Abstract This study presents the first case of internal root resorption in monozygotic twins. Genetic factors have been implicated in the development of root resorption lesions. The link between interleukin (IL)-1 gene polymorphism and root resorption had been reported. However, these studies have involved external root resorption. Twin healthy 17 year old Caucasian sisters were diagnosed with internal root resorption in their upper left central incisor. Neither had a history of orofacial trauma and neither had received orthodontic treatment. The presence of IL-1,+C3953 allele is the sign of predisposed susceptibility to an exaggerated inflammatory response, including a limited feedback mechanism as a consequence of IL-1RN mutation. Most investigators agree that the listed polymorphism presents a significantly higher risk for development of pathological resorption. These were thought to be cases of true idiopathic resorption as none of the other factors related to root resorption was found. [source]

    Use of a natural tooth crown as a pontic following cervical root fracture: a case report

    Abhishek Parolia mds
    Abstract The loss of anterior teeth can be psychologically and socially damaging to the patient. Despite a wide range of treatment options available, traumatised teeth may be inevitably lost on certain occasions. This paper describes the immediate replacement of a right central incisor using a fibre-composite resin with the natural tooth crown as a pontic. The abutment teeth can be conserved with minimal or no preparation, thus keeping the technique reversible, and can be completed at chair side thereby avoiding laboratory costs. It can be used as an interim measure or a definitive prosthesis. [source]

    Single median maxillary central incisor: New data and mutation review

    Kênia B. El-Jaick
    Abstract BACKGROUND: Single median maxillary central incisor (SMMCI) is a rare anomaly that may occur alone or associated with other conditions, frequently as part of the holoprosencephaly (HPE) spectrum. However, it has been suggested that SMMCI alone, or associated with some midline defects, may be considered a different entity from HPE (OMIM: 147250). Families with SMMCI, without HPE cases, are difficult to counsel for the risk of HPE in future generations because the same midline defects described as part of the "SMMCI syndrome" can also be part of the HPE spectrum. METHODS: We screened five cases of SMMCI for mutations in three HPE genes, SHH, TGIF, and SIX3. RESULTS: A missense mutation c.686C>T was found in the gene SIX3 of one patient, which did not differ from the accepted 20% of known HPE gene mutations among all HPE cases. Our results and an extensive literature review of gene mutations in patients with SMMCI showed that 27/28 of them were in HPE genes: SHH (n = 21), SIX3 (n = 3), TGIF (n = 1), GLI2 (n = 1), and PTCH (n = 1), and only one in the SALL4 gene. CONCLUSIONS: The clinical findings in patients with SMMCI without HPE in families with mutations in HPE genes cannot be distinguished from the findings reported in the SMMCI syndrome. Therefore, persons with SMMCI and their relatives should be carefully investigated for related midline disorders, especially of the HPE spectrum, and all known HPE genes screened. Birth Defects Research (Part A), 2007. © 2007 Wiley-Liss, Inc. [source]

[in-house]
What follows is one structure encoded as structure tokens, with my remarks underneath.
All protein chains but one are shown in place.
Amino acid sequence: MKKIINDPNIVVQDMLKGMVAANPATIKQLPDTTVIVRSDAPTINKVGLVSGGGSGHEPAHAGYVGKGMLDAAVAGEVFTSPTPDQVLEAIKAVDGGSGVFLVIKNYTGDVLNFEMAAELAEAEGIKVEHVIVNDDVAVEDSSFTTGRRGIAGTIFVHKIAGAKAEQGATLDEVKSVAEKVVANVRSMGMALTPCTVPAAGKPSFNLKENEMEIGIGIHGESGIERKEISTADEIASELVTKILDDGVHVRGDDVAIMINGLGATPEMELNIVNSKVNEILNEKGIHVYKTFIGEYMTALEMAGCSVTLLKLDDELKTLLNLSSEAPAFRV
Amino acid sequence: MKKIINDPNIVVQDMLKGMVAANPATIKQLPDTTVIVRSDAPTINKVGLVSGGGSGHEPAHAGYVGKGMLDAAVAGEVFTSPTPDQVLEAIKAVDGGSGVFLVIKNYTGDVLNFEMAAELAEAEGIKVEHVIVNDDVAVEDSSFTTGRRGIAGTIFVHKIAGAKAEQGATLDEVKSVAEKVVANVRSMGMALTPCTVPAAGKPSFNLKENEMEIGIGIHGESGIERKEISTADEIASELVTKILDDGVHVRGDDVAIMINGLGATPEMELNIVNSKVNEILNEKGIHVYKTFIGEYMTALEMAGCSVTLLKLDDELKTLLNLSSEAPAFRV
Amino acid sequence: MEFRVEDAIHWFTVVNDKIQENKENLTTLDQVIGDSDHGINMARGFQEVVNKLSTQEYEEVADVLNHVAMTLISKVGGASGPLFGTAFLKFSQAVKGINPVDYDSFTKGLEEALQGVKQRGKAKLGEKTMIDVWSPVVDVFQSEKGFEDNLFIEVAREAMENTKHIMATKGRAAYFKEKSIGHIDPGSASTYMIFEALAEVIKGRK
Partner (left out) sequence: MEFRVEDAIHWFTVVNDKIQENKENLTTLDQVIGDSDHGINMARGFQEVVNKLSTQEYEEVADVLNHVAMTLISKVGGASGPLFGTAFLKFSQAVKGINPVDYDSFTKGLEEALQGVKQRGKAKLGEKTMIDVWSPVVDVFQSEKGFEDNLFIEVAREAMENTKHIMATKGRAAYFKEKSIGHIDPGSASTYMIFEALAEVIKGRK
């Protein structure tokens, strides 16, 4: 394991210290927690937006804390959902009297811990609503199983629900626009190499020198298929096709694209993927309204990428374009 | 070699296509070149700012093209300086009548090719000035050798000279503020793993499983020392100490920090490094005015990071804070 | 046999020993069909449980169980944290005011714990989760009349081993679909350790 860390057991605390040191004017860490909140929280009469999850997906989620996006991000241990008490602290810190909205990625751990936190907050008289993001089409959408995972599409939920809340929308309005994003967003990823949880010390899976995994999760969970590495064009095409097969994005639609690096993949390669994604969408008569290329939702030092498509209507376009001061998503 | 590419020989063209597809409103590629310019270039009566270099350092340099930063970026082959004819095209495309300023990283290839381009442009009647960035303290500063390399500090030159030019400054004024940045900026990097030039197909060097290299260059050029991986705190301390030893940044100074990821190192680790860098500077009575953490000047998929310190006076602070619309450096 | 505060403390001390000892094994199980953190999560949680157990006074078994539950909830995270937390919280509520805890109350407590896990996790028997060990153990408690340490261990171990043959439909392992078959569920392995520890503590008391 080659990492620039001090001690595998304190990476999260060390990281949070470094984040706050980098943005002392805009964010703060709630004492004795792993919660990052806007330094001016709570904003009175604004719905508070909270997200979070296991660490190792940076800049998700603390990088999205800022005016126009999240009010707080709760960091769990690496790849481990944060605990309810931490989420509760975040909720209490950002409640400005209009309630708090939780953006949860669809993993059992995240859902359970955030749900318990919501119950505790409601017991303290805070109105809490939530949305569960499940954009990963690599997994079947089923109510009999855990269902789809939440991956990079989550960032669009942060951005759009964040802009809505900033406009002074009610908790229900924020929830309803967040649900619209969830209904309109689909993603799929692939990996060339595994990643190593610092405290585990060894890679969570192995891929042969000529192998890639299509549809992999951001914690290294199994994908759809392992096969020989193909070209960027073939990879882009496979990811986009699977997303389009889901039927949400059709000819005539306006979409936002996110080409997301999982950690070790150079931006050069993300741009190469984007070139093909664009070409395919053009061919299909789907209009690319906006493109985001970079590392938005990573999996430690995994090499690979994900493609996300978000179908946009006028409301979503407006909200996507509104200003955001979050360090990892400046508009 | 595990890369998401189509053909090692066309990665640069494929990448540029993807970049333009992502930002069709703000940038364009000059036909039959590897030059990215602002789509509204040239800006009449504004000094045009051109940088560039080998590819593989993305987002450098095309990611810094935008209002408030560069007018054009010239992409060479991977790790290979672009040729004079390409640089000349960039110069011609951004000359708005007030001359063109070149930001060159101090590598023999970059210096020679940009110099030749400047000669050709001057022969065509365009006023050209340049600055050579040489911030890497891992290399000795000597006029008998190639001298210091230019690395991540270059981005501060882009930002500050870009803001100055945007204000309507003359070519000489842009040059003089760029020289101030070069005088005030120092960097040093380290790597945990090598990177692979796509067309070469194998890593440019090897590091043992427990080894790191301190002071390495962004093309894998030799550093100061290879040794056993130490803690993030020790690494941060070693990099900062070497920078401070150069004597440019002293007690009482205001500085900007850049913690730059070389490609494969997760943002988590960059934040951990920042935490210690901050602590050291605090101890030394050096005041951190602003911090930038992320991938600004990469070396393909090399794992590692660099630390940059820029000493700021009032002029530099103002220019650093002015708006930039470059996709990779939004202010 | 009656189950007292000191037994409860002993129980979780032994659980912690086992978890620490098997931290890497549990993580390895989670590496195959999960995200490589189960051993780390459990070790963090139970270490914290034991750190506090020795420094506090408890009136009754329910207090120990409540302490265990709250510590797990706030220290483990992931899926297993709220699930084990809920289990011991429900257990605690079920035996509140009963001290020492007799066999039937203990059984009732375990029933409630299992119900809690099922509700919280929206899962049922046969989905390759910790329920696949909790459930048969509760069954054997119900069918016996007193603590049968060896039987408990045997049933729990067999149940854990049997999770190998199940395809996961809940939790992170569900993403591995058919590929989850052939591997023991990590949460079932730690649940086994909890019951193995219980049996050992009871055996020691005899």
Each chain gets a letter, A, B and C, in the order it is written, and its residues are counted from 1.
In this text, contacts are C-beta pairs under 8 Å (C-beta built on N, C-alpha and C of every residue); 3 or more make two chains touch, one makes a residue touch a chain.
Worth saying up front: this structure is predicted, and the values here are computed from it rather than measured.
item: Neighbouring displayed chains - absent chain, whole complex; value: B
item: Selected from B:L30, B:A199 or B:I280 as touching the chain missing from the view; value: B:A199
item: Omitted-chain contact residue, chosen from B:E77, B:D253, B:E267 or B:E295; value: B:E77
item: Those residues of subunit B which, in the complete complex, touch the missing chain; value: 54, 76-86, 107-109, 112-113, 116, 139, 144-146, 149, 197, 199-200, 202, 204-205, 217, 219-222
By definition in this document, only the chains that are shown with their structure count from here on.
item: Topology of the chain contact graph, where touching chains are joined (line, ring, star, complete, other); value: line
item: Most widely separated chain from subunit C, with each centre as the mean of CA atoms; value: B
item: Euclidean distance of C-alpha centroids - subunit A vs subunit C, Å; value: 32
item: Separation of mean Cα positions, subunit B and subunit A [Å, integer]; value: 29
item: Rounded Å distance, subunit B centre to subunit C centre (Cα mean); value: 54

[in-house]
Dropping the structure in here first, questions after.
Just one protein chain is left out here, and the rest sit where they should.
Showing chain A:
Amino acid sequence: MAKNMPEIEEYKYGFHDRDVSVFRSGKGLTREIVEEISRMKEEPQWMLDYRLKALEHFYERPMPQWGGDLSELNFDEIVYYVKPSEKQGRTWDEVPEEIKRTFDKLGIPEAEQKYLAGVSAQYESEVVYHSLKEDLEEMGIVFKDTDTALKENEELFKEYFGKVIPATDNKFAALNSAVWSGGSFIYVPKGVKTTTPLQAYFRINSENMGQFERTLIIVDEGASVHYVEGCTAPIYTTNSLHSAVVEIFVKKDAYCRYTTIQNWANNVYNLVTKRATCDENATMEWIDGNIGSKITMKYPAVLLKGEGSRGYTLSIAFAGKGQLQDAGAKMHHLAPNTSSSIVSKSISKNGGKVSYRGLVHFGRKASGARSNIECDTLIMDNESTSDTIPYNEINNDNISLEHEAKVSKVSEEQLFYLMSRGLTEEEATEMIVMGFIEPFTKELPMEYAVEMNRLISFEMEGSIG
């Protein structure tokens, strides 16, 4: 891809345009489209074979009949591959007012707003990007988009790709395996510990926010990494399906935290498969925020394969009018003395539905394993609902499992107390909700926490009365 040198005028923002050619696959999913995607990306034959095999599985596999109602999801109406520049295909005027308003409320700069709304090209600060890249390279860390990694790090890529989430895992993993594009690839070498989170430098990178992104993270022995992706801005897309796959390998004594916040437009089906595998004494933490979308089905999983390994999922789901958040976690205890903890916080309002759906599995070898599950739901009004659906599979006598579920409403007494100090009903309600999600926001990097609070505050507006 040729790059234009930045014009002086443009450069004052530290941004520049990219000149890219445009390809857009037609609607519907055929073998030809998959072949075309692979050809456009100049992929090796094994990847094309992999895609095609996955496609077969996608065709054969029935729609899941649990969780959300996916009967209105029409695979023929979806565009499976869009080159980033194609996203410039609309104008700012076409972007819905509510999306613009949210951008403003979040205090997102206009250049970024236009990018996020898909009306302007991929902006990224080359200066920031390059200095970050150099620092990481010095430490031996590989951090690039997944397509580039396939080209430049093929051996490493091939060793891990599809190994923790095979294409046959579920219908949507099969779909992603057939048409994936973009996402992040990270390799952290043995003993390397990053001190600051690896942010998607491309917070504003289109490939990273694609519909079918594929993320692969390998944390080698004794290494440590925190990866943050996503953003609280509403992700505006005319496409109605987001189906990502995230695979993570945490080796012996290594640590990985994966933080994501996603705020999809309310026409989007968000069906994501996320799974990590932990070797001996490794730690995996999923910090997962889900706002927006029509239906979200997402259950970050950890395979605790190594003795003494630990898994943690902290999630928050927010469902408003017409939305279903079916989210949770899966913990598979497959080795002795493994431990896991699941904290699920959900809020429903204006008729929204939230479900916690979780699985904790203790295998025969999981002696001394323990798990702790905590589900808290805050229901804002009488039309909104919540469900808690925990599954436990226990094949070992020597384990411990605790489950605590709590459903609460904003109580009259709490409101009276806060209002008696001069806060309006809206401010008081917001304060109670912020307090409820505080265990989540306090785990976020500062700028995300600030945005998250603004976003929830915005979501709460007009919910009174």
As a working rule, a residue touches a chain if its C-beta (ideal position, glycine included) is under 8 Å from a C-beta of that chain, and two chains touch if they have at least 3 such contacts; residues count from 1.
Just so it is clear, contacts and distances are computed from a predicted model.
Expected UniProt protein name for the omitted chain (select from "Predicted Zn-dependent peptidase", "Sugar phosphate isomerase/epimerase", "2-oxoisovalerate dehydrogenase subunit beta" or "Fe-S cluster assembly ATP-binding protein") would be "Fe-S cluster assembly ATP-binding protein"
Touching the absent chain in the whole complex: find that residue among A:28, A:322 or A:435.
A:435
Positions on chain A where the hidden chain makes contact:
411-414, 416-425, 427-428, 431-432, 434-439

Measurements of Tooth Movements in Relation to Single-Implant Restorations during 16 Years: A Case Report

    Torsten Jemt LSD
    ABSTRACT Background: Osseointegrated implants behave as ankylotic abutments, and their positions are not affected by dentofacial changes. Purpose: To measure changes in occlusion in relation to single implants in one patient after more than 15 years in function. Materials and Methods: One 25-year-old female was treated with two single implants in the upper central incisor and bicuspid area after trauma. Study casts made prior to treatment (1987) and after 16 years in function (2004) were scanned by means of an optical scanner. Using the palate as the reference, the models were placed in the same coordinate system and analyzed and compared in a computer-aided design (CAD) program. The results of the measurements of the casts were also compared with clinical photographs taken at the time of treatment (1988), after 9 years (1997), and after 16 years (2004) in function. Results: The clinical photographs showed obvious signs of implant infraposition after 9 years. New crowns were made in the incisor region after 15 years (2002), but signs of infraposition were again present at the final examination (2004). Measurements of the casts indicated small tooth movements with a pattern of slight eruption of upper teeth combined with a palatal inclination, mesial drift, and lingual inclination and crowding of the lower anterior teeth. The small measured vertical eruption of the teeth was less than the observed clinical infraposition of the implant crowns, indicating that the vertical position of the palatal may have changed in relation to the implants as well. Conclusion: Obvious dentofacial changes may take place in adult patients. Teeth may adjust for this, and no major problems may arise in the dentate patient. However, because the positions of implants are not affected by dentofacial changes, other patterns of clinical problems can be seen when implant patients present with these changes. The character and frequency of these dentofacial changes that may compromise implant treatment in the long term are not yet known. [source]